If its expressed in percentages such as 25%, the percentage needs to be changed to a fractional equivalent. 25% is 1/4 which is the ratio needed to mix paint. 1/4 means 1 part thinner or reducer to 4 parts paint base.

In addition, the type of paint often determines the ratios used. For instance, if it is a single stage paint which is glossy and durable and you only need to put on a few layers to be done. The usual ratio is 8/1/1, or 8 parts paint, 1 part reducer/thinner, and 1 part hardener.

On the other hand if you use a two stage paint which starts with a base coat paint with a ratio of 1 to 1 or 1 part paint to 1 part reducer. For a clear coat, the ratio is either 4/1 or 2/1 with say 4 parts clear coat to one part hardener.

Furthermore, the type of paint used will determine if you only mix paint and thinner, or whether hardener is needed. For instance, the solvent based metal paints is thinned down using a 2 to 1 ratio of paint to thinner. No hardener is needed while the two pack acrylic requires a 2:1:10 the 10 being a 10 percent mix of hardener.

So much real math using ratios in a real life setting. It wouldn't be hard to create an exercise requiring students to plan to repaint their own car.

Let me know what you think.

## Tuesday, April 4, 2017

### Building Metacognition in Math.

Its well known we need to build metacognition in math to help students learn the material better. Often students do not think well of math due to the idea that mastering math in the classroom is learning a bunch of formulas, rather than understanding math can be meaningful.

Metacognition can help increase the meaningfulness of instruction so math makes more sense. We know students can do the calculational part of the problem but fall short on applying meaning to the problem.

If a student is given a problem where they have to determine the number of buses to order for a field trip where they have the number of people going on the trip and the number of passengers in each bus, students will carry out the algorithm correctly. Their downfall comes when they have a remainder. They often give the number of buses with a remainder, or they do not round up to include the remainder.

There are three ways to look at metacognition in math.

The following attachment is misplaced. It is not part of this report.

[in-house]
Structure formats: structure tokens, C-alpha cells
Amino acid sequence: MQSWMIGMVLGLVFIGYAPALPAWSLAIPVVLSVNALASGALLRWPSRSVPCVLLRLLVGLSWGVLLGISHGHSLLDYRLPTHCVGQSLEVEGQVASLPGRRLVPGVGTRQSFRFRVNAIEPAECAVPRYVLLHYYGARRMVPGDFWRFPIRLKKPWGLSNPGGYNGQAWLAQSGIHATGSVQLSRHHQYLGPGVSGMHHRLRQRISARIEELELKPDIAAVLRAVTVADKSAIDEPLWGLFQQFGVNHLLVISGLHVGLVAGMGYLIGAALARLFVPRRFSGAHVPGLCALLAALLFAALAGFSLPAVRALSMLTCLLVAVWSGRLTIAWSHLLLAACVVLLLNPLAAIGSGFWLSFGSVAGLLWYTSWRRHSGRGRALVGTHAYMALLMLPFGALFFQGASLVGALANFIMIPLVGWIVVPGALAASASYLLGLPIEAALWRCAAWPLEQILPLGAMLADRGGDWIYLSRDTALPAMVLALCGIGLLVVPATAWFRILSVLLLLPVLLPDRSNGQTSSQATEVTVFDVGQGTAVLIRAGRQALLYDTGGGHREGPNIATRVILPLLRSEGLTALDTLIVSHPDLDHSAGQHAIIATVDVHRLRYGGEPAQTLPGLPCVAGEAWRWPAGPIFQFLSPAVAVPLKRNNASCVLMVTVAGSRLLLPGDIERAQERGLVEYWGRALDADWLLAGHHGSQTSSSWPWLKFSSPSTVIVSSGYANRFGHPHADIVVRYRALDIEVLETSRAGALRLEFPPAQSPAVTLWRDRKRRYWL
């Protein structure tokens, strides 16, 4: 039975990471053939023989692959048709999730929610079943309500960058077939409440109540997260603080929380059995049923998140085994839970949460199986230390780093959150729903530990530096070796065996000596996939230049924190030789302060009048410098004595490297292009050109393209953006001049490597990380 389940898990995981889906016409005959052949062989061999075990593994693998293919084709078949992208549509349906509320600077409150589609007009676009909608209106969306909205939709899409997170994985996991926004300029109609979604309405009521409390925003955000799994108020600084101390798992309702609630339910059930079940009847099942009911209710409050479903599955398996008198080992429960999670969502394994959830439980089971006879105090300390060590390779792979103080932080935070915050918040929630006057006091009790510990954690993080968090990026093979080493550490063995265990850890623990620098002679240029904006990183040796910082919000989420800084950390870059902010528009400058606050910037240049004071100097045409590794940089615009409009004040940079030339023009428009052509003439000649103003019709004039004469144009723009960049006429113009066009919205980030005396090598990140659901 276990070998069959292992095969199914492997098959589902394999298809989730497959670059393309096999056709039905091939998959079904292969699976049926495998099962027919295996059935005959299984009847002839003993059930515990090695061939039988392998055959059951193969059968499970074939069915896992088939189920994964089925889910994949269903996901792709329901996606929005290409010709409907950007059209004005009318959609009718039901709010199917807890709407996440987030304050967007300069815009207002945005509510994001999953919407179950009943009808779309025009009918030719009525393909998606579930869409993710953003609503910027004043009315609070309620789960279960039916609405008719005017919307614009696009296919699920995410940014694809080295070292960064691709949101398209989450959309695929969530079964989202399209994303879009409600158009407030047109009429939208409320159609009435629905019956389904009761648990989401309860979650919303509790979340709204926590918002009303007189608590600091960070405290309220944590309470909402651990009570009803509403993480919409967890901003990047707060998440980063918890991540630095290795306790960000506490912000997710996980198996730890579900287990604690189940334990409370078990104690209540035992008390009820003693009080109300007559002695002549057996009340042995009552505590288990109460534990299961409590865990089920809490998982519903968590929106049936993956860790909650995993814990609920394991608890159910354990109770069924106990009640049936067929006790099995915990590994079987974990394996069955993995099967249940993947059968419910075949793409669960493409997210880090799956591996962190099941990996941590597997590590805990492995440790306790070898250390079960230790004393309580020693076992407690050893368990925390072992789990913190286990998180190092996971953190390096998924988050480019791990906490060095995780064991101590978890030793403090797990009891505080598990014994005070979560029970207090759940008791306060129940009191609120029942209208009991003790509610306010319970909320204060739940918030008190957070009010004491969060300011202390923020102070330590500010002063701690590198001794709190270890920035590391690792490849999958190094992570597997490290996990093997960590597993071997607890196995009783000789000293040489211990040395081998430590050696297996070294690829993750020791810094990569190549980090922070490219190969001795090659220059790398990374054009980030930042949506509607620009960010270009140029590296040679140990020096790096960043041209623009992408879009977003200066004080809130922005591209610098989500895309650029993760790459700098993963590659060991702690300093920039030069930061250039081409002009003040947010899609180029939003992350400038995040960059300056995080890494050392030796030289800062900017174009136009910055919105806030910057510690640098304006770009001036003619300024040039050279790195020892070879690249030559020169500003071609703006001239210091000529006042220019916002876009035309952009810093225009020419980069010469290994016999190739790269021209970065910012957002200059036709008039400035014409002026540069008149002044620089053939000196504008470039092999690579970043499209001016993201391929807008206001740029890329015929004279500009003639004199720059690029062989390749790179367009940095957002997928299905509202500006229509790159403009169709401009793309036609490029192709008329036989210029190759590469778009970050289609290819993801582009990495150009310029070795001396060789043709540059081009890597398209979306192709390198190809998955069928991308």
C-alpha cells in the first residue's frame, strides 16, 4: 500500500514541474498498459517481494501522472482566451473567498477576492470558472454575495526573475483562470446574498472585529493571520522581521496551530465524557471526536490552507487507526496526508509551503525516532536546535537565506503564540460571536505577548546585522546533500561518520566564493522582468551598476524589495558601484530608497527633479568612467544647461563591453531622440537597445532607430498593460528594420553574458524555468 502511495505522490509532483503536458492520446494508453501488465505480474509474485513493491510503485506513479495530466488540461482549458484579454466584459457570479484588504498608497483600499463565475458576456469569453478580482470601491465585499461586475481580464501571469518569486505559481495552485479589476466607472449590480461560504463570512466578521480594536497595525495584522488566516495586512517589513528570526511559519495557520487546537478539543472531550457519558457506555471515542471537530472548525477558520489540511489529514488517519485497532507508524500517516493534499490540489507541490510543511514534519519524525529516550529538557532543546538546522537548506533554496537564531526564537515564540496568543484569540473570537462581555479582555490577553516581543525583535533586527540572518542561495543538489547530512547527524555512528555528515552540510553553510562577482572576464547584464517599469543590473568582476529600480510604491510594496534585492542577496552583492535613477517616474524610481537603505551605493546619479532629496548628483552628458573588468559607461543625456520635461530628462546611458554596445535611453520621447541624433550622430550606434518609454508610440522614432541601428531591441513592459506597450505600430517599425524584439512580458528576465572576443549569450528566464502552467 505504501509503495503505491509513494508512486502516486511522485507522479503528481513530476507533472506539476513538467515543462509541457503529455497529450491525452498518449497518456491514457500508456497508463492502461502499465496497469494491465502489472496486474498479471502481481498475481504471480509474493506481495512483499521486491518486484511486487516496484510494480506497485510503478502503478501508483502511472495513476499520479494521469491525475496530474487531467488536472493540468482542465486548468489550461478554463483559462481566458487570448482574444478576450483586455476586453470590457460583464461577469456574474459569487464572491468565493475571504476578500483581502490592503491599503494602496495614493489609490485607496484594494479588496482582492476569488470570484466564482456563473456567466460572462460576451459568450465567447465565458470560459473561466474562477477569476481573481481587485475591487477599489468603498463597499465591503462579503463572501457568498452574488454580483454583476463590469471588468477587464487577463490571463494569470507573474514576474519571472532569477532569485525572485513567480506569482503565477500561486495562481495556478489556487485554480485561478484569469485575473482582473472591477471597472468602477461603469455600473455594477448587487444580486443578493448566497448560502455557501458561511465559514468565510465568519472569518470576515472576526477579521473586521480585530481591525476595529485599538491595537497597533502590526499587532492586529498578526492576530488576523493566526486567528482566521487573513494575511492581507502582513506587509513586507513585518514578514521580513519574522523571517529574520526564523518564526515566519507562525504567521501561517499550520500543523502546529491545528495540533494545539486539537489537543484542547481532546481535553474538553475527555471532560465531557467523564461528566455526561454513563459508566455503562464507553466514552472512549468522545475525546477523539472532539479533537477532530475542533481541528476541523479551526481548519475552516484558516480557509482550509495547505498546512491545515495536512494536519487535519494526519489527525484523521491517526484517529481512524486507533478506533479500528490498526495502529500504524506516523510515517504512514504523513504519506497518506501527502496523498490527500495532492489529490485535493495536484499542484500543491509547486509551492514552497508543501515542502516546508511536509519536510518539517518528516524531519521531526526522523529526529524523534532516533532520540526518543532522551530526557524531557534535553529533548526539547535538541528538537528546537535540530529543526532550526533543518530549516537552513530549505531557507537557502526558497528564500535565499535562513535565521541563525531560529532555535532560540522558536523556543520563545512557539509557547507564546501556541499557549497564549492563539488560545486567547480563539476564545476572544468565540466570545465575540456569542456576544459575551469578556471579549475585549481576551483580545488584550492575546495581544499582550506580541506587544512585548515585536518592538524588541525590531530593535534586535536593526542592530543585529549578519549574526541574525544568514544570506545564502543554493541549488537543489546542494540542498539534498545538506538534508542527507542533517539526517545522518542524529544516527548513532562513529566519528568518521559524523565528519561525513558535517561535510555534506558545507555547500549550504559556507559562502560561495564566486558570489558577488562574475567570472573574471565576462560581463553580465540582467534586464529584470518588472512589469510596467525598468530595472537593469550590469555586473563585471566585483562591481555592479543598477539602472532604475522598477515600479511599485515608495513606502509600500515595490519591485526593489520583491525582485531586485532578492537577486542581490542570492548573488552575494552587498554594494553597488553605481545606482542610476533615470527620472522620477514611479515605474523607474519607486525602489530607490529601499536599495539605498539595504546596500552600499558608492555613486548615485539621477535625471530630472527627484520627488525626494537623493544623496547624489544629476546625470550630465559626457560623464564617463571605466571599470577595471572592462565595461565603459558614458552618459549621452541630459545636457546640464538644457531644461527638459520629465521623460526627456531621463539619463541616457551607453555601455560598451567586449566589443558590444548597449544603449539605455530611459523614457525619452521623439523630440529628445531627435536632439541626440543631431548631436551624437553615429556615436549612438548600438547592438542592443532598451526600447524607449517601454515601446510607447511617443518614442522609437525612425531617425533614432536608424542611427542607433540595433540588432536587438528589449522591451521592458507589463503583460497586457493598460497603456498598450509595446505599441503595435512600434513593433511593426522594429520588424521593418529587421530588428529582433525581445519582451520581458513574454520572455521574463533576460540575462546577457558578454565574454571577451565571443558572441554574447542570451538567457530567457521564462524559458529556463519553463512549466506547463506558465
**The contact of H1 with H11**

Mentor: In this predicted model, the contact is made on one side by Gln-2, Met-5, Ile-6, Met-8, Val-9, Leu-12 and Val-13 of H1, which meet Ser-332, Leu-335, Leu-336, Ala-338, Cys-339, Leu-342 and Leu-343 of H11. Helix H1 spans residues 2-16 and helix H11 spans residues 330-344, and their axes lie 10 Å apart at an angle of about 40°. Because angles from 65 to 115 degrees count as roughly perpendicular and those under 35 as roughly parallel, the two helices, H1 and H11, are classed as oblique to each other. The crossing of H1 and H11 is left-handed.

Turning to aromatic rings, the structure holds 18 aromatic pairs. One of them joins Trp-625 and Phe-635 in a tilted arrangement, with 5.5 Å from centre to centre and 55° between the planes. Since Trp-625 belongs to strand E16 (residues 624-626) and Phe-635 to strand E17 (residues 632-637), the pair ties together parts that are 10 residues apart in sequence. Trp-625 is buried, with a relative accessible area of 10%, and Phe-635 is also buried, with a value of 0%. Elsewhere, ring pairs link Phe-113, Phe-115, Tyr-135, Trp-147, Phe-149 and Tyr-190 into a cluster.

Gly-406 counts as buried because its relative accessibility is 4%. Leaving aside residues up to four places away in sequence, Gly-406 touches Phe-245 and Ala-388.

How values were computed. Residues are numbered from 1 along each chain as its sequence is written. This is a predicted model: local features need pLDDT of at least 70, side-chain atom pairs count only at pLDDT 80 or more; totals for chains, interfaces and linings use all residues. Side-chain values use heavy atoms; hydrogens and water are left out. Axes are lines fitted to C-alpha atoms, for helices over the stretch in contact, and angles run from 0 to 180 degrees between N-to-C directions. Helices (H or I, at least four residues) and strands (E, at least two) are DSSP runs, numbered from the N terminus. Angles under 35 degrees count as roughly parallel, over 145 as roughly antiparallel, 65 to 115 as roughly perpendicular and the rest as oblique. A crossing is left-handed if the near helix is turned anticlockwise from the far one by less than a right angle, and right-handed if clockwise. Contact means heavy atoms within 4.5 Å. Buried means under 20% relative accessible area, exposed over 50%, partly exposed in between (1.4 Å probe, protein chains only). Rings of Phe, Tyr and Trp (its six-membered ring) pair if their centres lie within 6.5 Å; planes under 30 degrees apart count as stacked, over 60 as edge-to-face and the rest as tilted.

1. Beliefs and intuition - This is one based on the ideas people bring to the classroom and how do they shape the way we do math? One big belief which has developed is that the classroom math is just formulas that do not relate to the real world. Students find math boring because of this.

2. Knowledge about your own thought processes. - It is important for students to know how they think because problem solving requires you use what you know efficiently. Student understanding of a task and their ability to solve it are effected by what they think they can learn.

3. Self awareness or self regulation - How well does a student keep track of what they are doing when they solve problems? How well do they use observations to guide their problem solving? In other words students need to develop an awareness of their thinking and their progress as they are solving problems.

As teachers we need to model our thinking for students so they learn how to think about thinking. It is recommended we use the words "I think,,," when attempting to show students your thinking and so they see the process.

Providing graphic organizers also help create a visual representation of that thinking. Graphic organizers help the mind focus on the important parts of our thinking and we can look at it when we are done.

Finally, teachers should plan the behaviors they are trying to model by creating a script or a plan ahead of time which includes possible misconceptions so they can be addressed a head of time. One misconception my students have is they do not need a zero place holder when dividing. They always leave it out.

Let me know what you think about this. I love hearing from others.

2.

Metacognition can help increase the meaningfulness of instruction so math makes more sense. We know students can do the calculational part of the problem but fall short on applying meaning to the problem.

If a student is given a problem where they have to determine the number of buses to order for a field trip where they have the number of people going on the trip and the number of passengers in each bus, students will carry out the algorithm correctly. Their downfall comes when they have a remainder. They often give the number of buses with a remainder, or they do not round up to include the remainder.

There are three ways to look at metacognition in math.

1. Beliefs and intuition - This is one based on the ideas people bring to the classroom and how do they shape the way we do math? One big belief which has developed is that the classroom math is just formulas that do not relate to the real world. Students find math boring because of this.